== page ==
Heya, TWNers! Welcome to or welcome back to Teen Writers’ Nook! Now that it’s September, school is back in full swing for many of us. I don’t know about y’all, but one of the biggest challenges I face is being able to transition back into a regular routine and still find time to write. And while many times you’re encouraged to just take it easy and wait to take time for writing when life calms down or when school is on break, this option isn’t always as feasible. Maybe because you want to continue taking time for your writing to see growth now rather than waiting until you’re older and holding down a job, raising a family, and/or taking on more responsibilities. Or maybe, you’re like me, and with a pressing book deadline just around the corner, you don’t have time to wait until semester break. No matter what your problem is, I’ve gathered a few tips on how to balance school and writing, many that I’ve found to be super helpful for myself. Let’s dive in!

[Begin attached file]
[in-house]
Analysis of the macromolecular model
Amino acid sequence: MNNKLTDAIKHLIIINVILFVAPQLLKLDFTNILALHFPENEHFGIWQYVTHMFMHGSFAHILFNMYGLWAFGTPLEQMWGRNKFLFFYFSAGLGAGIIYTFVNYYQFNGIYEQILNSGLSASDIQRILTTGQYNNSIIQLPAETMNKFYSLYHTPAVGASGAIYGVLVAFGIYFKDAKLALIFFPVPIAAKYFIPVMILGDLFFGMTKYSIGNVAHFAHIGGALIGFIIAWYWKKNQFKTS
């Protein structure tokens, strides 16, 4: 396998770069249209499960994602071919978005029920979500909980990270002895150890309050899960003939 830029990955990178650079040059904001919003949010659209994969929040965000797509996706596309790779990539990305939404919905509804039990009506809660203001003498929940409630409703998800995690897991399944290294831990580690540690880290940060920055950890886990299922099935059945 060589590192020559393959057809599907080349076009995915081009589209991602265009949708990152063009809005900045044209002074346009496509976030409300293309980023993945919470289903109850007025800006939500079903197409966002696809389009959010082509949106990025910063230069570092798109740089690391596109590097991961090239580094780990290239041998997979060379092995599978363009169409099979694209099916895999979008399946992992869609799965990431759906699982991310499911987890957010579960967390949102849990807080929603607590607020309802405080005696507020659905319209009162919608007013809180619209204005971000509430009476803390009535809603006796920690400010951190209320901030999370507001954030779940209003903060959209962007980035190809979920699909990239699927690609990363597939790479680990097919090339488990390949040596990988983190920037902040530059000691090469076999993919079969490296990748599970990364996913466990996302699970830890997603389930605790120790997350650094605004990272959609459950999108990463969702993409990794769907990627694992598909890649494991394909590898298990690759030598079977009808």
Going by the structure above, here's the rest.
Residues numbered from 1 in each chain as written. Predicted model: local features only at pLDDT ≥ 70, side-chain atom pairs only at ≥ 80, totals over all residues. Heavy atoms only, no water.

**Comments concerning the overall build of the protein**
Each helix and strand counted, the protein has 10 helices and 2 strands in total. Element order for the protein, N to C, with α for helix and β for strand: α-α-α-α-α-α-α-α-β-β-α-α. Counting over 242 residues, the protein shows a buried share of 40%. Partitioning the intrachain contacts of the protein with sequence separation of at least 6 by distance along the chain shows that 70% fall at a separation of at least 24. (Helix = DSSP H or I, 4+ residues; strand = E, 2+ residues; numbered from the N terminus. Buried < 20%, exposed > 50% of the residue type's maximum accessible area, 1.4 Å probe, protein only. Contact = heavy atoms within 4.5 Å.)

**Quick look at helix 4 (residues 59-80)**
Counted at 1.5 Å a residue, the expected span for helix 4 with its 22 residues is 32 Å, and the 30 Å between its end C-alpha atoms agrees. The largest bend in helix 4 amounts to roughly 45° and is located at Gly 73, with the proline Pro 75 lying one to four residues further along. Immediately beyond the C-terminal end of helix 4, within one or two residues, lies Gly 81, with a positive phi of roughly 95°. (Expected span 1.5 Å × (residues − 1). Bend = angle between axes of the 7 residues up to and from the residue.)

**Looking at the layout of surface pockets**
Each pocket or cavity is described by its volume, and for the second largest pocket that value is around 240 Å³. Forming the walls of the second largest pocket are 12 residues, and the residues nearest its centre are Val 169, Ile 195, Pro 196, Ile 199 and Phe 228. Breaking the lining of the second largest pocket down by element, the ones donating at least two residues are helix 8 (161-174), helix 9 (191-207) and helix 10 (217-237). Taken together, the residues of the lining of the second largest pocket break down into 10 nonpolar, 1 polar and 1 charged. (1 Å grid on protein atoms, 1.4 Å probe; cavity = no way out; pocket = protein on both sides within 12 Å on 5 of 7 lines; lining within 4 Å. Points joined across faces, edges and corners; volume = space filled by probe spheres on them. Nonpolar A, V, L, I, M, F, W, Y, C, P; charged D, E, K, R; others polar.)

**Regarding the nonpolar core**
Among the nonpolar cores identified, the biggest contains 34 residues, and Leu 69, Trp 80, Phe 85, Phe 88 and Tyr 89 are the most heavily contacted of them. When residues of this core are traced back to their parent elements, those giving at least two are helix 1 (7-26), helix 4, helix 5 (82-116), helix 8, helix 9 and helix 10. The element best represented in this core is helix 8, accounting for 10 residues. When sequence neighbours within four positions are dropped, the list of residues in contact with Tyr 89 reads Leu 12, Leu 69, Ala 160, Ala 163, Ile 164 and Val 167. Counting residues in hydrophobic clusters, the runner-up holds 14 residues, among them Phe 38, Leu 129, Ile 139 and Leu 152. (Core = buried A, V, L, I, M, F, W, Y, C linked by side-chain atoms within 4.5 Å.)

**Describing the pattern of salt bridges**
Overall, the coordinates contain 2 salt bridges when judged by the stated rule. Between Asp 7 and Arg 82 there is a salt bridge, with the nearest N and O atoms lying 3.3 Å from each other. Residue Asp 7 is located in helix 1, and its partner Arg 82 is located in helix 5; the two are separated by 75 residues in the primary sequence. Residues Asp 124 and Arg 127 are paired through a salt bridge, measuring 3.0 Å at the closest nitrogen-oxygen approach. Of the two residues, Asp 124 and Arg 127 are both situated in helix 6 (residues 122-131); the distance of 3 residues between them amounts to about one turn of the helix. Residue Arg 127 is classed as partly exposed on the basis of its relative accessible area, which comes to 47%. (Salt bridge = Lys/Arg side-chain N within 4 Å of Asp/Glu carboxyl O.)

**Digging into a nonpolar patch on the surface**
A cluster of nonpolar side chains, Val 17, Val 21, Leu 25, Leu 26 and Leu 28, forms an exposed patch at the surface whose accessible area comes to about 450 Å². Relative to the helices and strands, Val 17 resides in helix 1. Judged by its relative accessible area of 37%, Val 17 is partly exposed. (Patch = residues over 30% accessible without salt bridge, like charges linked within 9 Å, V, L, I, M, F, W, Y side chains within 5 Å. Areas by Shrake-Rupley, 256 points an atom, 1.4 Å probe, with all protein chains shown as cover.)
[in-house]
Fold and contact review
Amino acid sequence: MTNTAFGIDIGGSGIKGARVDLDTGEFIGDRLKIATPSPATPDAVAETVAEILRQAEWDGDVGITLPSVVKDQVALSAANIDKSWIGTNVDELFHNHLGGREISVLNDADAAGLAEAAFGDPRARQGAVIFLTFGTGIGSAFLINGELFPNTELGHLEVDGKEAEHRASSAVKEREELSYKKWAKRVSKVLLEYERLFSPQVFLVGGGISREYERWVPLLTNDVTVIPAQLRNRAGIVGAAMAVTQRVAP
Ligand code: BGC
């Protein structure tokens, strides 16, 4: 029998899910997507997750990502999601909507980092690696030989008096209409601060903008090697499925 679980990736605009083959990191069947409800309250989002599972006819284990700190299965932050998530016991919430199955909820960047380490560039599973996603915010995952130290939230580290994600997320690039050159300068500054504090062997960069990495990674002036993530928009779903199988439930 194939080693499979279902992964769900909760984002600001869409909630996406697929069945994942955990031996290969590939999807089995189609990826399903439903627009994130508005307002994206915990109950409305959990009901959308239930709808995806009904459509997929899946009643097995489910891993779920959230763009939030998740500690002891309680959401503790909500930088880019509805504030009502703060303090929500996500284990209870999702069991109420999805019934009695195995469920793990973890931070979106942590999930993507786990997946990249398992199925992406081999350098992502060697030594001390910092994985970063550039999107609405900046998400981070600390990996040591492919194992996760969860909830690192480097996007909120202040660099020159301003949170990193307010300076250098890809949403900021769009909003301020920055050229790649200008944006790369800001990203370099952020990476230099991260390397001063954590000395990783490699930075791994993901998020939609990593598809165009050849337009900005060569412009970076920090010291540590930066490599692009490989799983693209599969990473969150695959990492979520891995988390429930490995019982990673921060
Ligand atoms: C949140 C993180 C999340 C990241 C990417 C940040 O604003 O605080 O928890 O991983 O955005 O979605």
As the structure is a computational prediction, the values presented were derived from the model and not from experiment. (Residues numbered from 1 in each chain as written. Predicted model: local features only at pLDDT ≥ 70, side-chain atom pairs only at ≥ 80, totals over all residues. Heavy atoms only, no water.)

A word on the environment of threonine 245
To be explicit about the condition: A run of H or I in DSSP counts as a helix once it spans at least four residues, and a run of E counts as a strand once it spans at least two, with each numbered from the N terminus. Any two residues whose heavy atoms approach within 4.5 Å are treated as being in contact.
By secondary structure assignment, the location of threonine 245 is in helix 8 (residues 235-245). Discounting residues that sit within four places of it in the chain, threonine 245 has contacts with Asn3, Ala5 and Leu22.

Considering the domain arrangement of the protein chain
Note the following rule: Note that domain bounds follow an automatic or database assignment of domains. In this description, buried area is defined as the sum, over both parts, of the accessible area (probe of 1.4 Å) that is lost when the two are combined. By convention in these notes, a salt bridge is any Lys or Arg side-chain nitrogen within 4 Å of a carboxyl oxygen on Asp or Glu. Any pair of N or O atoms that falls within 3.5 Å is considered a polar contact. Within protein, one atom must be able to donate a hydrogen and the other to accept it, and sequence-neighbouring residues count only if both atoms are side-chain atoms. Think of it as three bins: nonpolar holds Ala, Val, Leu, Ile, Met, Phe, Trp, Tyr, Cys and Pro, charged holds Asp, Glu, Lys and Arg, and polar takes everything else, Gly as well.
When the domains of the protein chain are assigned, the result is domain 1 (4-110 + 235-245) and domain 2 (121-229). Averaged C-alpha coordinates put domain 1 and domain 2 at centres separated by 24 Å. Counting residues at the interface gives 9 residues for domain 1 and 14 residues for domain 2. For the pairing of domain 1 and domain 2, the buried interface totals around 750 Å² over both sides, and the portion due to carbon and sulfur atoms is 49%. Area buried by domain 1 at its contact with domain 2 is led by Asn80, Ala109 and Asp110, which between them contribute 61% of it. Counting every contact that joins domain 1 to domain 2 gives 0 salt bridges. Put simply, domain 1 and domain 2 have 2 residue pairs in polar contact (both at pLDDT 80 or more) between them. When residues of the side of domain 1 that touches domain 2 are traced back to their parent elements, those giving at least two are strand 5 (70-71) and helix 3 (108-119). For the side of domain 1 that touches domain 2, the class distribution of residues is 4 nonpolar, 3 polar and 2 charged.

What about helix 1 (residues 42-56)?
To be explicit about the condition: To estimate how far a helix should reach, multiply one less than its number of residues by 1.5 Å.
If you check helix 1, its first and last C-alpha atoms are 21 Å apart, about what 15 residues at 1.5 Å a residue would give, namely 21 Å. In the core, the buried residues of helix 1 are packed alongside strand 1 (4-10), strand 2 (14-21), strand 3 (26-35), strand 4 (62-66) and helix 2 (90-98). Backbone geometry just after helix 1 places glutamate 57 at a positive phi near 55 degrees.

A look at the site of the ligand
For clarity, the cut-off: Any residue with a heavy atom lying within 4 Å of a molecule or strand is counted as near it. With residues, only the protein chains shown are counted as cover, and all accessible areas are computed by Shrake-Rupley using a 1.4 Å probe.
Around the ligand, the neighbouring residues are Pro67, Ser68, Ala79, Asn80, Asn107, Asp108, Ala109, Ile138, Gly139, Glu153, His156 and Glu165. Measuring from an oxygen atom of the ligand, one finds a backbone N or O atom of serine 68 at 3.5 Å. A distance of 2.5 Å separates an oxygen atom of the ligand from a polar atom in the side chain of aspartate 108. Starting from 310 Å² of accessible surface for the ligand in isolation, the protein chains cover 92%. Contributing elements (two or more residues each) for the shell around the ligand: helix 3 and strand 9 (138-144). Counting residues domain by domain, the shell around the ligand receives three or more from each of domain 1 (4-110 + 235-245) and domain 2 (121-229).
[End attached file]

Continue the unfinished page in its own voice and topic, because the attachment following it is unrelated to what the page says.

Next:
#1. Make sure to take care of yourself
i feel i have no right to say this
Before we jump into any of the tips, one thing is very important to remember. Your health matters more than any novel, writing sprint, or deadline. It’s so easy to get caught up in goals and plans and deadlines that we tend to skip over one very important part of life, and that is our health. But, the irony of the situation is, taking time to make sure you get plenty of sleep, eat healthy, and exercise well will actually improve your overall day and make you more productive. Because if you’re over-exhausted or feel sluggish, you’re not going to be able to move at the same pace that you could. The same goes for eating healthy, because making sure you have a well balanced diet will help give you the energy you need, so please make sure to take care of yourself. You can take it from a girl who knows that these things like sleep and food really do matter.
Trust me, I’ve overlooked these things plenty of times and it never ends up well.
#2. Set aside writing time
Back in the spring of 2022, I had the best writing season of my life. I managed to research and write the first draft (coming in at about 70K words) in a month and a half. I was taking three college classes and this was the second half of the semester so I also had a handful of big papers due at the same time, and one of those papers I wrote was actually ten thousand words long. (